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The preprocessor is executed at translation phase 4, before the compilation. The result of preprocessing is single file which is then passed to the actual compiler.


The preprocessing directives control the behavior of the preprocessor. Each directive occupies one line and has the following format:

  • # character
  • preprocessing instruction (one of define, undef, include, if, ifdef, ifndef, else, elif, endif, line, error, pragma) [1]
  • arguments (depends on the instruction)
  • line break

The null directive (# followed by a line break) is allowed and has no effect.


The preprocessor has the source file translation capabilities:

  • conditionally compile of parts of source file (controlled by directive #if, #ifdef, #ifndef, #else, #elif and #endif).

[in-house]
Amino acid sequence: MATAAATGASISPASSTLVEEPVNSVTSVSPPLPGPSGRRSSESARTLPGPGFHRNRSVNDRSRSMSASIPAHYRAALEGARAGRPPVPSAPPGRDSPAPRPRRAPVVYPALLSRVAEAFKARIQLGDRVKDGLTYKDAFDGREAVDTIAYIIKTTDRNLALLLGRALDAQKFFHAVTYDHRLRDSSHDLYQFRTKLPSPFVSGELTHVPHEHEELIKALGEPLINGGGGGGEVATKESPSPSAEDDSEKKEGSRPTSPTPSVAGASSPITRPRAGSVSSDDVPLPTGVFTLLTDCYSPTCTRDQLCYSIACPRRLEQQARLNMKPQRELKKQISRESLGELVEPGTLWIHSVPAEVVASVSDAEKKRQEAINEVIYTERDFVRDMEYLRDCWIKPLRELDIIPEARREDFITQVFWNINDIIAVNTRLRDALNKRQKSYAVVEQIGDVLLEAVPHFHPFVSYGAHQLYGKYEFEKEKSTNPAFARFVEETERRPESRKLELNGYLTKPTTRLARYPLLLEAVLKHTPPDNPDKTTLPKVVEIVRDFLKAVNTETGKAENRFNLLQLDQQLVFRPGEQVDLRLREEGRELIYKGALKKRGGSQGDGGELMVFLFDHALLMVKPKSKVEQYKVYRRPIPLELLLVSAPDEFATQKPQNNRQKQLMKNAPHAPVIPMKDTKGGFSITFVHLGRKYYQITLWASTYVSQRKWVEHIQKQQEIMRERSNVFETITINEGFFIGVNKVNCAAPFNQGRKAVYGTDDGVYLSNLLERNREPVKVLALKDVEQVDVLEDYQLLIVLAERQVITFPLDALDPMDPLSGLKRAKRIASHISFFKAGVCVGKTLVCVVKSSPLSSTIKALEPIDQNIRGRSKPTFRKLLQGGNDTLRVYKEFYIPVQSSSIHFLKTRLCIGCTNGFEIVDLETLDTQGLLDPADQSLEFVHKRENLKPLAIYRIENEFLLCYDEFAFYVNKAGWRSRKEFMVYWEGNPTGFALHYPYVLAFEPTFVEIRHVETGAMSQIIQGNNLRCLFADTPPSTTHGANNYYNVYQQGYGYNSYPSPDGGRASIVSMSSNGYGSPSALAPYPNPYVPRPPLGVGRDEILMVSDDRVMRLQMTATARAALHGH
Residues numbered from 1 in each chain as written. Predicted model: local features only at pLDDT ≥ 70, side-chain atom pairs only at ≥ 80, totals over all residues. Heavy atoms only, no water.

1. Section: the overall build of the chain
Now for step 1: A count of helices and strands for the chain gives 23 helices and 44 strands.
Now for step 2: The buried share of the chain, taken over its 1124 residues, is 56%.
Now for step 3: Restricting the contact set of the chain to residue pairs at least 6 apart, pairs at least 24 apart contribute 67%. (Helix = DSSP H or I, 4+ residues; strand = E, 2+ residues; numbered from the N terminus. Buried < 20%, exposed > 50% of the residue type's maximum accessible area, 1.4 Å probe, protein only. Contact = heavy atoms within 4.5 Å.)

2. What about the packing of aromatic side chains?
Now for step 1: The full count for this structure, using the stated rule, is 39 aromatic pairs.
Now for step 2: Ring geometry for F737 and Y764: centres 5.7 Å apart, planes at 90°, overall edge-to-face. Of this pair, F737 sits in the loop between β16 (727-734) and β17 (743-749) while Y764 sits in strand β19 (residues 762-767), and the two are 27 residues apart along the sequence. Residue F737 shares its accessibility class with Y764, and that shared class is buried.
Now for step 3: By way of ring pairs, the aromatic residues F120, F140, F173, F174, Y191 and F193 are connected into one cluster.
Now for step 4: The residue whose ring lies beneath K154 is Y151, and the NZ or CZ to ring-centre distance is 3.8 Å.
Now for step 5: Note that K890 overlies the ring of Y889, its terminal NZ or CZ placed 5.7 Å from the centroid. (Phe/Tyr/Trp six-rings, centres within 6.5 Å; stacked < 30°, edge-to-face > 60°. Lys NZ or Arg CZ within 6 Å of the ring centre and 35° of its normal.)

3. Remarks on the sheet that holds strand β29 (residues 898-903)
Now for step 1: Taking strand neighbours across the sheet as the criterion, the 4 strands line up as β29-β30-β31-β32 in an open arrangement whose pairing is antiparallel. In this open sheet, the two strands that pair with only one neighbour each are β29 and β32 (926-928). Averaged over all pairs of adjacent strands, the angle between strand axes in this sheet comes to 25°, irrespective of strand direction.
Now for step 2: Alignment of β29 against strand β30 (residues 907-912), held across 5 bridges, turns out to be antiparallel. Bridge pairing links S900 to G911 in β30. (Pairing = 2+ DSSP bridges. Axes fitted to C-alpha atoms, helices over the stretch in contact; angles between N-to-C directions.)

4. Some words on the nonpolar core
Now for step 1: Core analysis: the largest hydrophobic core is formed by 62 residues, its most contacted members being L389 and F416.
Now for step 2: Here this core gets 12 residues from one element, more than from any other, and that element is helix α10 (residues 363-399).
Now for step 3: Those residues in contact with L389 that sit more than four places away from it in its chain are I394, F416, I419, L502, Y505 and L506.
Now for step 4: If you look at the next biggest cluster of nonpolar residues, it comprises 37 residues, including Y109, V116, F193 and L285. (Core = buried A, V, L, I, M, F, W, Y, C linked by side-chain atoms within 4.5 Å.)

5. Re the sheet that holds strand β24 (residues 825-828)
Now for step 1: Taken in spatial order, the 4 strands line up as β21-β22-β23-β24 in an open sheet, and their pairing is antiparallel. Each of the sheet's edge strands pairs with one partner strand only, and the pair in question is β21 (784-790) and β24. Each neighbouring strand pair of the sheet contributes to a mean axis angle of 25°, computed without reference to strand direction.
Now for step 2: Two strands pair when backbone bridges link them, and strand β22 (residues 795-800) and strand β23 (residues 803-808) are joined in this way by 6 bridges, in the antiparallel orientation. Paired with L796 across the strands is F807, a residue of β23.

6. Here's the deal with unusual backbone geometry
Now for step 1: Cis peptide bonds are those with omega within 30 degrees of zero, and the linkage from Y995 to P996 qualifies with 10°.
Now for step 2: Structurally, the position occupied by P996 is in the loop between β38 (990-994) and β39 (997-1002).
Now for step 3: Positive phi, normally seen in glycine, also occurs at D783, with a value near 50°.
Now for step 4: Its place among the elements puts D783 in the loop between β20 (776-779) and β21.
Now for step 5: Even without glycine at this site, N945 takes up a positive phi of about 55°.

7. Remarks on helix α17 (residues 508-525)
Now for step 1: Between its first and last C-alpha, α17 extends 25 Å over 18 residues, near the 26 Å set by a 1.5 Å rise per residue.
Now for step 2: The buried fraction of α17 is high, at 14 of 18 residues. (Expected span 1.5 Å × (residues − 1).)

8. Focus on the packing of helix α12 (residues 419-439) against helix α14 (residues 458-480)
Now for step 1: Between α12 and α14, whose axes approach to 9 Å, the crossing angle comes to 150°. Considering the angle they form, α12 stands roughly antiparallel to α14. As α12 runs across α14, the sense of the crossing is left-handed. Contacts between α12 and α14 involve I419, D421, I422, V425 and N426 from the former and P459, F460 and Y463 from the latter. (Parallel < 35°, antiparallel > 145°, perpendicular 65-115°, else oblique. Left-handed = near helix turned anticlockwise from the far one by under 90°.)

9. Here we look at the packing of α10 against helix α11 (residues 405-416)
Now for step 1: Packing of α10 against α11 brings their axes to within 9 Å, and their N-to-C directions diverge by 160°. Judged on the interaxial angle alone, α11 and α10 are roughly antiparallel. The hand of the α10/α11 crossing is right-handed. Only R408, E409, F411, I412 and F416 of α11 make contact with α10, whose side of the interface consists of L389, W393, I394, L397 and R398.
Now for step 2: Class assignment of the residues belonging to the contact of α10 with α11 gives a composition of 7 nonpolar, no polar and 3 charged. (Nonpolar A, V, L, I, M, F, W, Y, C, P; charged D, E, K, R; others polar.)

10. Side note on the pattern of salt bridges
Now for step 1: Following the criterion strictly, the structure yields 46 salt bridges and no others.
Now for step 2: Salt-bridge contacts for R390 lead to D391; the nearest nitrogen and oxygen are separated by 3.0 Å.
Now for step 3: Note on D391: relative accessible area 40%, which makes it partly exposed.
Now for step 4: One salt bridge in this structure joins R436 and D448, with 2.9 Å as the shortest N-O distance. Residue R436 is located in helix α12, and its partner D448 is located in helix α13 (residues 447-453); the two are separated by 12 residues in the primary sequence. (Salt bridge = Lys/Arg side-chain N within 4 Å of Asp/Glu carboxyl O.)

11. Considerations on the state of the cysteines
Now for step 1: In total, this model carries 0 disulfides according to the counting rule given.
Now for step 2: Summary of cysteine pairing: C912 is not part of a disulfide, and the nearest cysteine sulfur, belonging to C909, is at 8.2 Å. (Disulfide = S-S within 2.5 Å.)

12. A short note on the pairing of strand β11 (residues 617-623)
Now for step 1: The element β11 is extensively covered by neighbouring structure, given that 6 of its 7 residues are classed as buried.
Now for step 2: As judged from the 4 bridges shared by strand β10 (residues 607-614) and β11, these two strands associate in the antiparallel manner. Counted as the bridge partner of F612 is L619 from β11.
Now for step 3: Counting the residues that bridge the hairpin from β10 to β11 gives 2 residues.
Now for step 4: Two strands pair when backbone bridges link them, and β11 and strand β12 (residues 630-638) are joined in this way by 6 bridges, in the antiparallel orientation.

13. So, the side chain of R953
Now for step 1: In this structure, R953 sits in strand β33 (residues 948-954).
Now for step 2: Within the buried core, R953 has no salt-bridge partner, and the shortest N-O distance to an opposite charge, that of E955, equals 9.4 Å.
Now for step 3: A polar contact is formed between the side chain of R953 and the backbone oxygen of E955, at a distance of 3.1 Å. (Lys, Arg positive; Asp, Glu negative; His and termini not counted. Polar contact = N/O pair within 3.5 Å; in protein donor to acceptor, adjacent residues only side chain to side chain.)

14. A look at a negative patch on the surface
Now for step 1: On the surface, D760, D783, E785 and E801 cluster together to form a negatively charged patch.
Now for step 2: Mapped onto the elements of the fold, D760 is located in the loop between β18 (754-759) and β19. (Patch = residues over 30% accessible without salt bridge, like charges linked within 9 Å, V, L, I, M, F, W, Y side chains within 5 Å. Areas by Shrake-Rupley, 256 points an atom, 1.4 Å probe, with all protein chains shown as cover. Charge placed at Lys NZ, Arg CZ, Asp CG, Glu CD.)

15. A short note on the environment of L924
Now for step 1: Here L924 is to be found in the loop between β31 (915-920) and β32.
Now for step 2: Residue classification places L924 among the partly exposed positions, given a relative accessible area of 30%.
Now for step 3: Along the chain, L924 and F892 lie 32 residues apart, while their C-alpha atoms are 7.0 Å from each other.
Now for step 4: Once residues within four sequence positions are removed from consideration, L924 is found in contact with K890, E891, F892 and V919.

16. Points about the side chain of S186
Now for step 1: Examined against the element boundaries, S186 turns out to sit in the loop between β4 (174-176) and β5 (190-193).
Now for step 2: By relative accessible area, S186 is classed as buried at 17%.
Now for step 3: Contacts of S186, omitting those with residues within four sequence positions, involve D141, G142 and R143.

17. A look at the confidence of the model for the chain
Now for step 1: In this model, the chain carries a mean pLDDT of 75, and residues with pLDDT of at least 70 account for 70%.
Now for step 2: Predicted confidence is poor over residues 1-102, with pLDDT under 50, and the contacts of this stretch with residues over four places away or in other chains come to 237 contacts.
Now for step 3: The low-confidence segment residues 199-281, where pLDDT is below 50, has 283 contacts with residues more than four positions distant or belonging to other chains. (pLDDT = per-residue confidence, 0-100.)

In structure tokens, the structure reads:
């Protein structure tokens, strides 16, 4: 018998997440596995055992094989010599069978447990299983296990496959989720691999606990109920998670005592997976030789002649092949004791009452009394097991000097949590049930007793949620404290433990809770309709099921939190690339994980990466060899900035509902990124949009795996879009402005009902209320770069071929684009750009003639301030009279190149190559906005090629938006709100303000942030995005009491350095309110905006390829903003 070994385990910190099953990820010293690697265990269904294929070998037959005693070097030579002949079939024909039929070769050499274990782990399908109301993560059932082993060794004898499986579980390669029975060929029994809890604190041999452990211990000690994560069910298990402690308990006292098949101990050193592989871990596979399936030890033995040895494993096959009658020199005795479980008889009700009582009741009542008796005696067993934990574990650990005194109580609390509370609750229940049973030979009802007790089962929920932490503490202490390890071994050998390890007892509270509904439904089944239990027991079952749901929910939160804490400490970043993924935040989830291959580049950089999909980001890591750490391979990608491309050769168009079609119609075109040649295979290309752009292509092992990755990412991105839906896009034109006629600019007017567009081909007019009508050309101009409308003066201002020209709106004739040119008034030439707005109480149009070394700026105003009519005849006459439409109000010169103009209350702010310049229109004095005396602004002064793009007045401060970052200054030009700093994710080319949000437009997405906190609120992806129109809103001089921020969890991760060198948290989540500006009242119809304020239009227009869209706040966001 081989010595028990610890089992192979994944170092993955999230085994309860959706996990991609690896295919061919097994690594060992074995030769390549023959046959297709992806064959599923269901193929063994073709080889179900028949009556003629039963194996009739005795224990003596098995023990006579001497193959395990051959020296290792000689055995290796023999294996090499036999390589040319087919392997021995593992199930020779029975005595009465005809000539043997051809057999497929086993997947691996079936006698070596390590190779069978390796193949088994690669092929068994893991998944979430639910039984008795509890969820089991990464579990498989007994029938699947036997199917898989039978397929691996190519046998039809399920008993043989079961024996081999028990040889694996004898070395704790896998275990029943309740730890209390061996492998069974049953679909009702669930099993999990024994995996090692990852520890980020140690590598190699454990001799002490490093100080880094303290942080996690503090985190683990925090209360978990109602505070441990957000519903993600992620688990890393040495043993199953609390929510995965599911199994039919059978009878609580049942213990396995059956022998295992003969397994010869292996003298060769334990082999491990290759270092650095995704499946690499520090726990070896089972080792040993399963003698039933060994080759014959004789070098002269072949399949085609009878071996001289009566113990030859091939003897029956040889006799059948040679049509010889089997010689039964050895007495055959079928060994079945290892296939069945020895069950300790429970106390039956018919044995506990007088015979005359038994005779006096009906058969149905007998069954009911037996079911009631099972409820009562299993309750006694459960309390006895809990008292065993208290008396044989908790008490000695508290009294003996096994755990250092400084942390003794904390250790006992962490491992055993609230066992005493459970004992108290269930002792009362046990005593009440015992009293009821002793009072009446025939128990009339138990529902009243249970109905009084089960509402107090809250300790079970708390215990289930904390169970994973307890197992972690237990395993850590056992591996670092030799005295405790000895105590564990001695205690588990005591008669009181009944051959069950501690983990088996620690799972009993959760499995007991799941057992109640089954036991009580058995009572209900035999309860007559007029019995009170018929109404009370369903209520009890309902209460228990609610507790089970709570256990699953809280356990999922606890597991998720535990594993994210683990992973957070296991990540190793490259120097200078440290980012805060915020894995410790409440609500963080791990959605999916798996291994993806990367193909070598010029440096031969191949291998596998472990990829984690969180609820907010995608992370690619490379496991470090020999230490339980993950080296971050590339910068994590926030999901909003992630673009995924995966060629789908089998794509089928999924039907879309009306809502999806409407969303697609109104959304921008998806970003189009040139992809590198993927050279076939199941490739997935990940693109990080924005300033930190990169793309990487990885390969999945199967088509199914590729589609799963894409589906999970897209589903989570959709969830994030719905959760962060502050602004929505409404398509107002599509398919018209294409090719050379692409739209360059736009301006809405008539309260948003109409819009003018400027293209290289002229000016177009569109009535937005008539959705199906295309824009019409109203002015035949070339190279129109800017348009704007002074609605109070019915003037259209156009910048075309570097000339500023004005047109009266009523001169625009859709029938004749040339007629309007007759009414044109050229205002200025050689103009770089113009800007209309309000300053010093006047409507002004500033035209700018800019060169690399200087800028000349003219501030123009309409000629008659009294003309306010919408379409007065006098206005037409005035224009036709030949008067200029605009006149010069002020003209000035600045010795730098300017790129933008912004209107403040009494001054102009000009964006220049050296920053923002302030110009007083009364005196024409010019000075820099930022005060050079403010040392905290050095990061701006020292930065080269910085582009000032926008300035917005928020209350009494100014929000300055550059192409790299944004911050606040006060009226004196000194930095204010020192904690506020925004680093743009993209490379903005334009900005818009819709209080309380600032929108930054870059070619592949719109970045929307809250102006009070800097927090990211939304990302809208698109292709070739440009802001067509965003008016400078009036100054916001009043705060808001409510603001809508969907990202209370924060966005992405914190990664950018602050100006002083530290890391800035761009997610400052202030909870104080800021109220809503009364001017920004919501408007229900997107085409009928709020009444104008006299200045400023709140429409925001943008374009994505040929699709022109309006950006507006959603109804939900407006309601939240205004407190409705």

• replace text macros while possibly concatenating or quoting identifiers (controlled by directives #define and #undef, and operators # and ##)
  • include other files (controlled by directive #include)
  • cause an error (controlled by directive #error)

The following aspects of the preprocessor can be controlled:


  1. These are the directives defined by the standard. The standard does not define behavior for other directives: they might be ignored, have some useful meaning, or make the program ill-formed. Even if otherwise ignored, they are removed from the source code when the preprocessor is done. A common non-standard extension is the directive #warning which emits a user-defined message during compilation.


  • C11 standard (ISO/IEC 9899:2011):
  • 6.10 Preprocessing directives (p: 160-178)
  • C99 standard (ISO/IEC 9899:1999):
  • 6.10 Preprocessing directives (p: 145-162)
  • C89/C90 standard (ISO/IEC 9899:1990):

See also

C++ documentation for Preprocessor